For those who love massive amounts of system details, System Monitor Ultimate (Free) is worth a look. System Monitor Ultimate displays a ton of data about your CPU, GPU, network, active connections, and plenty more. System Monitor Ultimate is not exactly the best looking system monitor around nor is it packed with features, but it’s free and displays just about every bit of data you can track on an iPhone. There’s no Notification Center widget support, but if widgets aren’t your thing, System Monitor Ultimate is the app you want.

If you’re looking for the same amount of data as System Monitor Ultimate with more interactive features, then System Status ($2.99) fits the bill. On top of monitoring a number of data points, network information, battery, and memory, System Status also shows you file statistics, detailed page statistics, tracks three minutes of background activity, and allows you to export all those charts over email. If you love to look at and save activity monitor data, but don’t care about the widgets, System Status does the job.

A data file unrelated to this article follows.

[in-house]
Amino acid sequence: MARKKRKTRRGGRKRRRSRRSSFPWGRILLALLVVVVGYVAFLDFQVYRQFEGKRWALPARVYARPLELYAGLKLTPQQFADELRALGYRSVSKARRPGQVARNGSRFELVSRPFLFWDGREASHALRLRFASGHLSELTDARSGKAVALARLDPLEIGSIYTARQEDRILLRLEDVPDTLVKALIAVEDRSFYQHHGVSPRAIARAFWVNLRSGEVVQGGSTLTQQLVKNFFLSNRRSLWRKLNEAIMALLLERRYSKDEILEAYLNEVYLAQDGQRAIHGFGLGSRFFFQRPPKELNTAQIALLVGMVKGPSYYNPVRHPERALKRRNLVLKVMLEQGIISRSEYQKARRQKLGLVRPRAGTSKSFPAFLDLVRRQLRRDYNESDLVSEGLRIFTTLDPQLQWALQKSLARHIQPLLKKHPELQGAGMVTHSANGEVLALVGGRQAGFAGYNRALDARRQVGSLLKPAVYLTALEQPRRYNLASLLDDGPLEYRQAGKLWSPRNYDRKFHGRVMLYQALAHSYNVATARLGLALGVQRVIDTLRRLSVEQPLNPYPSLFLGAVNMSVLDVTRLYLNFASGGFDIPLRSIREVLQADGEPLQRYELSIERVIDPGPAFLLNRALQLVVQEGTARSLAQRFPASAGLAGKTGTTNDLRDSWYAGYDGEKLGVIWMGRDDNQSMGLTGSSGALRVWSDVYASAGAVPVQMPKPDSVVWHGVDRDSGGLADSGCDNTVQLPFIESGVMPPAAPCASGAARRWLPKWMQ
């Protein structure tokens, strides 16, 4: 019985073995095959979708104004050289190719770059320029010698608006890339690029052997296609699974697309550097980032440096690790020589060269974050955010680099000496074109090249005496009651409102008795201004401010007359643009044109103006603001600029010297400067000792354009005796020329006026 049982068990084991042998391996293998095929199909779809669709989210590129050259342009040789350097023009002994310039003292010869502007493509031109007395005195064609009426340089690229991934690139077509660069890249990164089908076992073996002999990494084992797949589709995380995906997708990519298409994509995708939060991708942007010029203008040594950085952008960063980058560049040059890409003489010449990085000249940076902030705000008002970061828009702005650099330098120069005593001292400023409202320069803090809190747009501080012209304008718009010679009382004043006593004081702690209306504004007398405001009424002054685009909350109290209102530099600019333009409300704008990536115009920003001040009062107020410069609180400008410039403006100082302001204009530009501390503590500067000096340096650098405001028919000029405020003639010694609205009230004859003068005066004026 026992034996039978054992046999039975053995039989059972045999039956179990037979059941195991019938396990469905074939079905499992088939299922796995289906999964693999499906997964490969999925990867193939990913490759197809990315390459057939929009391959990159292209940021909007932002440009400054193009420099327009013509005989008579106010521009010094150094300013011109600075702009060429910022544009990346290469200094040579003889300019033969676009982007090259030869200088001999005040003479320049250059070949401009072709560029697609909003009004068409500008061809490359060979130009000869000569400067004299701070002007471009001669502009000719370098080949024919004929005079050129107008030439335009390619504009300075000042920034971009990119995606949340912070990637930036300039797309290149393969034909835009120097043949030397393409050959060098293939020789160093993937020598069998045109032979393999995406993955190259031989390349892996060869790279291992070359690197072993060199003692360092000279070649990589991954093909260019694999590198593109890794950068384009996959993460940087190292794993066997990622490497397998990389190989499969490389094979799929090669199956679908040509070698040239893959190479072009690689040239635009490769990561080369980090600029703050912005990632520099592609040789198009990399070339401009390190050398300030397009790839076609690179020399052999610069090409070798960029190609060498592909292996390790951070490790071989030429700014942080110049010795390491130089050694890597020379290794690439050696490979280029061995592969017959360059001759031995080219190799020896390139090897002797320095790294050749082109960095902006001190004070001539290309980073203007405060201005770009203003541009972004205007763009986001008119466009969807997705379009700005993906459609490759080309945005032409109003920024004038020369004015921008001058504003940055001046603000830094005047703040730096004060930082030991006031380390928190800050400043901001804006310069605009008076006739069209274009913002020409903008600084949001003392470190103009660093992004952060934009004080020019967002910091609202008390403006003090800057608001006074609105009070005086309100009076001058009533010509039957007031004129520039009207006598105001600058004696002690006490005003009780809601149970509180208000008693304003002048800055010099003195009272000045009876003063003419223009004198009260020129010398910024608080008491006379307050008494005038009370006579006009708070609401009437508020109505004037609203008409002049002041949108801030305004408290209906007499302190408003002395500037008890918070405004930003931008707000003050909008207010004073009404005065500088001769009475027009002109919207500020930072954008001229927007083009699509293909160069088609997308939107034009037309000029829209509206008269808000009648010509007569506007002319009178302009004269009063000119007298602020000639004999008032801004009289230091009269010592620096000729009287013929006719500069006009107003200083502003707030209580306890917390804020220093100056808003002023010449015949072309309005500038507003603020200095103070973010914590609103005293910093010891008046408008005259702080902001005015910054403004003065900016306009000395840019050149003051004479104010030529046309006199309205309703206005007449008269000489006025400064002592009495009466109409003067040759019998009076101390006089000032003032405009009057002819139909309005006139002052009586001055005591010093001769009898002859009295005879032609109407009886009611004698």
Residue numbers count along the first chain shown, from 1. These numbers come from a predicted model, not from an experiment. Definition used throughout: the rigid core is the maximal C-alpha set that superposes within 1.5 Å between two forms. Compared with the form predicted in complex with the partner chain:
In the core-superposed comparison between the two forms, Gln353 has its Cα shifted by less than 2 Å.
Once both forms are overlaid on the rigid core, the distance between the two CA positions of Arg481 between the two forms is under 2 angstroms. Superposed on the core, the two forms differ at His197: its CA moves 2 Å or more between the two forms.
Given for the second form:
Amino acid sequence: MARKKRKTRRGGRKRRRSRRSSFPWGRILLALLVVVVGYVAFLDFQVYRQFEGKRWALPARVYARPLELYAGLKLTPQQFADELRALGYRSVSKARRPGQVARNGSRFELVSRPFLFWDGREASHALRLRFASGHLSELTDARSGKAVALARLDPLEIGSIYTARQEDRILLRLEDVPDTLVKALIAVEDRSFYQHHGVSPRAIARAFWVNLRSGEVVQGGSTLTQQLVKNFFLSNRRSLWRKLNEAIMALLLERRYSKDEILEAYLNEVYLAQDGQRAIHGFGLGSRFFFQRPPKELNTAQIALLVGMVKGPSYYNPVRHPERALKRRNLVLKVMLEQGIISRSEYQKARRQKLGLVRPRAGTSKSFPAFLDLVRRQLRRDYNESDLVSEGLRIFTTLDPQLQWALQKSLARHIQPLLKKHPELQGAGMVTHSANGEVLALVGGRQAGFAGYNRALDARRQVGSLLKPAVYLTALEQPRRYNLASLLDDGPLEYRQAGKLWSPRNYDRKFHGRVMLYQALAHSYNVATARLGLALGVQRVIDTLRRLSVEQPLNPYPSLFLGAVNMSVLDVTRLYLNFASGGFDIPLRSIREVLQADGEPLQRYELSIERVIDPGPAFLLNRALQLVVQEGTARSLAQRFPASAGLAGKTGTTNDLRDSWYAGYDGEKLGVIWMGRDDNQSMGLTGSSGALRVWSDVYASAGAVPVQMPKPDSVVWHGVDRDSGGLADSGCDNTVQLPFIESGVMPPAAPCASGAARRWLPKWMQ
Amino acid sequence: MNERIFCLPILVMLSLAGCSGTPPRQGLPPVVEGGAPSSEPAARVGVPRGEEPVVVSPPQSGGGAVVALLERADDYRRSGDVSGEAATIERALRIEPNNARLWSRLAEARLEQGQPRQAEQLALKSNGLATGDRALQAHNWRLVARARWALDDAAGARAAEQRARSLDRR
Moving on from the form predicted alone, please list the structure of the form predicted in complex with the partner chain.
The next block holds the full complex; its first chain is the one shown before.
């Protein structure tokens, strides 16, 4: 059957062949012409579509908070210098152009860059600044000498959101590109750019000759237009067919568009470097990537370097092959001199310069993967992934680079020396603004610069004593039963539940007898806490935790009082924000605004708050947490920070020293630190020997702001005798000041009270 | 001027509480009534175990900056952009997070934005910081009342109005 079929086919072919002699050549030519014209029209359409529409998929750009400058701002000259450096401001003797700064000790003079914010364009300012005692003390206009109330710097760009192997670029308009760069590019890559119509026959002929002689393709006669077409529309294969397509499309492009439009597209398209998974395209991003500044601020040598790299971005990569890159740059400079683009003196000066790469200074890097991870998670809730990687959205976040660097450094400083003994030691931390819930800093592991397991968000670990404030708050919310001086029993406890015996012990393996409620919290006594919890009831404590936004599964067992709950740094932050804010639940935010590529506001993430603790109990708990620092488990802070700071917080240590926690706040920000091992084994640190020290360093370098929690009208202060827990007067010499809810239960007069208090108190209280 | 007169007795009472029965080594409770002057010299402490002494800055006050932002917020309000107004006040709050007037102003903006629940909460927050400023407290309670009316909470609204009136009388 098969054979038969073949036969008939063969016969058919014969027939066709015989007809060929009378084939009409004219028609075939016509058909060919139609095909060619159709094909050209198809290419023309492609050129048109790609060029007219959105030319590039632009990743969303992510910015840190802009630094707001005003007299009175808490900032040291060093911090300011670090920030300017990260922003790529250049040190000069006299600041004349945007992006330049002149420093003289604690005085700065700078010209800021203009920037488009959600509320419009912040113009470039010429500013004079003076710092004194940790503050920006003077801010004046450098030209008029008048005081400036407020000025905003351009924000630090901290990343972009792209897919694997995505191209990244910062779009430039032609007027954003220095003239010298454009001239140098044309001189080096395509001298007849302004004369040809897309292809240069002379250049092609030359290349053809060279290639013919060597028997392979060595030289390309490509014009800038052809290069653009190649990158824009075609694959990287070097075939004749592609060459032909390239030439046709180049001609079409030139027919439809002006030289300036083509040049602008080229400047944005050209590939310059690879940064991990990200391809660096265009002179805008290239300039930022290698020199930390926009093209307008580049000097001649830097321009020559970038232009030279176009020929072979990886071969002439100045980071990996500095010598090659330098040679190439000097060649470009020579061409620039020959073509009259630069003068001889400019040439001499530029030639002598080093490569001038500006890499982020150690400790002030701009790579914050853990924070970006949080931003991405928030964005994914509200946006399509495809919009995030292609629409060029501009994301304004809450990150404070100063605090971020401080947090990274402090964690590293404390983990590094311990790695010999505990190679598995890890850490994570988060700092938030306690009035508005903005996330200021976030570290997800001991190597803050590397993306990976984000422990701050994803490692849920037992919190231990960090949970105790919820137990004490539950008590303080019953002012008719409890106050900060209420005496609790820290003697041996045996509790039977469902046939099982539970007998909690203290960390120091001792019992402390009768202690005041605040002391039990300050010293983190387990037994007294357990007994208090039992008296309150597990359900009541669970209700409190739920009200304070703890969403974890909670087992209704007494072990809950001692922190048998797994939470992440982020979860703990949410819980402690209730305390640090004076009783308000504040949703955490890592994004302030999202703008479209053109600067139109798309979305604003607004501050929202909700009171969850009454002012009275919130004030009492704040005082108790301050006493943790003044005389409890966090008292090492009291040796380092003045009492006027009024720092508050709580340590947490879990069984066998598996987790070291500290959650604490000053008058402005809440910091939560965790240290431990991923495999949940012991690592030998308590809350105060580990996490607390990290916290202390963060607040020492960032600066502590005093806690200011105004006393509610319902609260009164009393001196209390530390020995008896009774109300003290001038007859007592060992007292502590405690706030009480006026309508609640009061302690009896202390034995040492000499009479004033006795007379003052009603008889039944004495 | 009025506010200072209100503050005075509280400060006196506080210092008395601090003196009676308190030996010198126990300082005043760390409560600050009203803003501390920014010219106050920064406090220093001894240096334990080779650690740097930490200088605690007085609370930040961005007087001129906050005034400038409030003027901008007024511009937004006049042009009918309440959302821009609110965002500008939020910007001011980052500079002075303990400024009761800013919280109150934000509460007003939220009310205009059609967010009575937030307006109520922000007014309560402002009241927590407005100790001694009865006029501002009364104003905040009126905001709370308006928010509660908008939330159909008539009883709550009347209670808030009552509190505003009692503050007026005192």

Finally, Omnistat isn’t the only system monitor with widgets, Usage Widget (Free/99¢) and SnapStats (Free) both include Notification Center widgets alongside basic system monitors. Unlike Omnistat, both apps display all the stats in a single widget, so you can’t move them around or customize them quite as much. That’s a preference thing though, so if you don’t mind all your data being jammed into one spot, both apps are worth a look.


Lifehacker’s App Directory is a new and growing directory of recommendations for the best applications and tools in a number of given categories.

The Best Calendar App for iPhone

The Best Calendar App for iPhone

You have tons of options for calendars on iPhone, many that are free, but when it comes to the best, we recommend Fantastical 2, even if you have to shell out $5 to use it.

Fantastical 2

Platform: iPhone (and iPad)
Price: $4.99
Download Page

Features

  • Compatible with Google Calendar, iCloud, and Exchange
  • Quickly add new events with natural language (“Lunch with Alan tomorrow”)
  • Notification Center support
  • Map view for event locations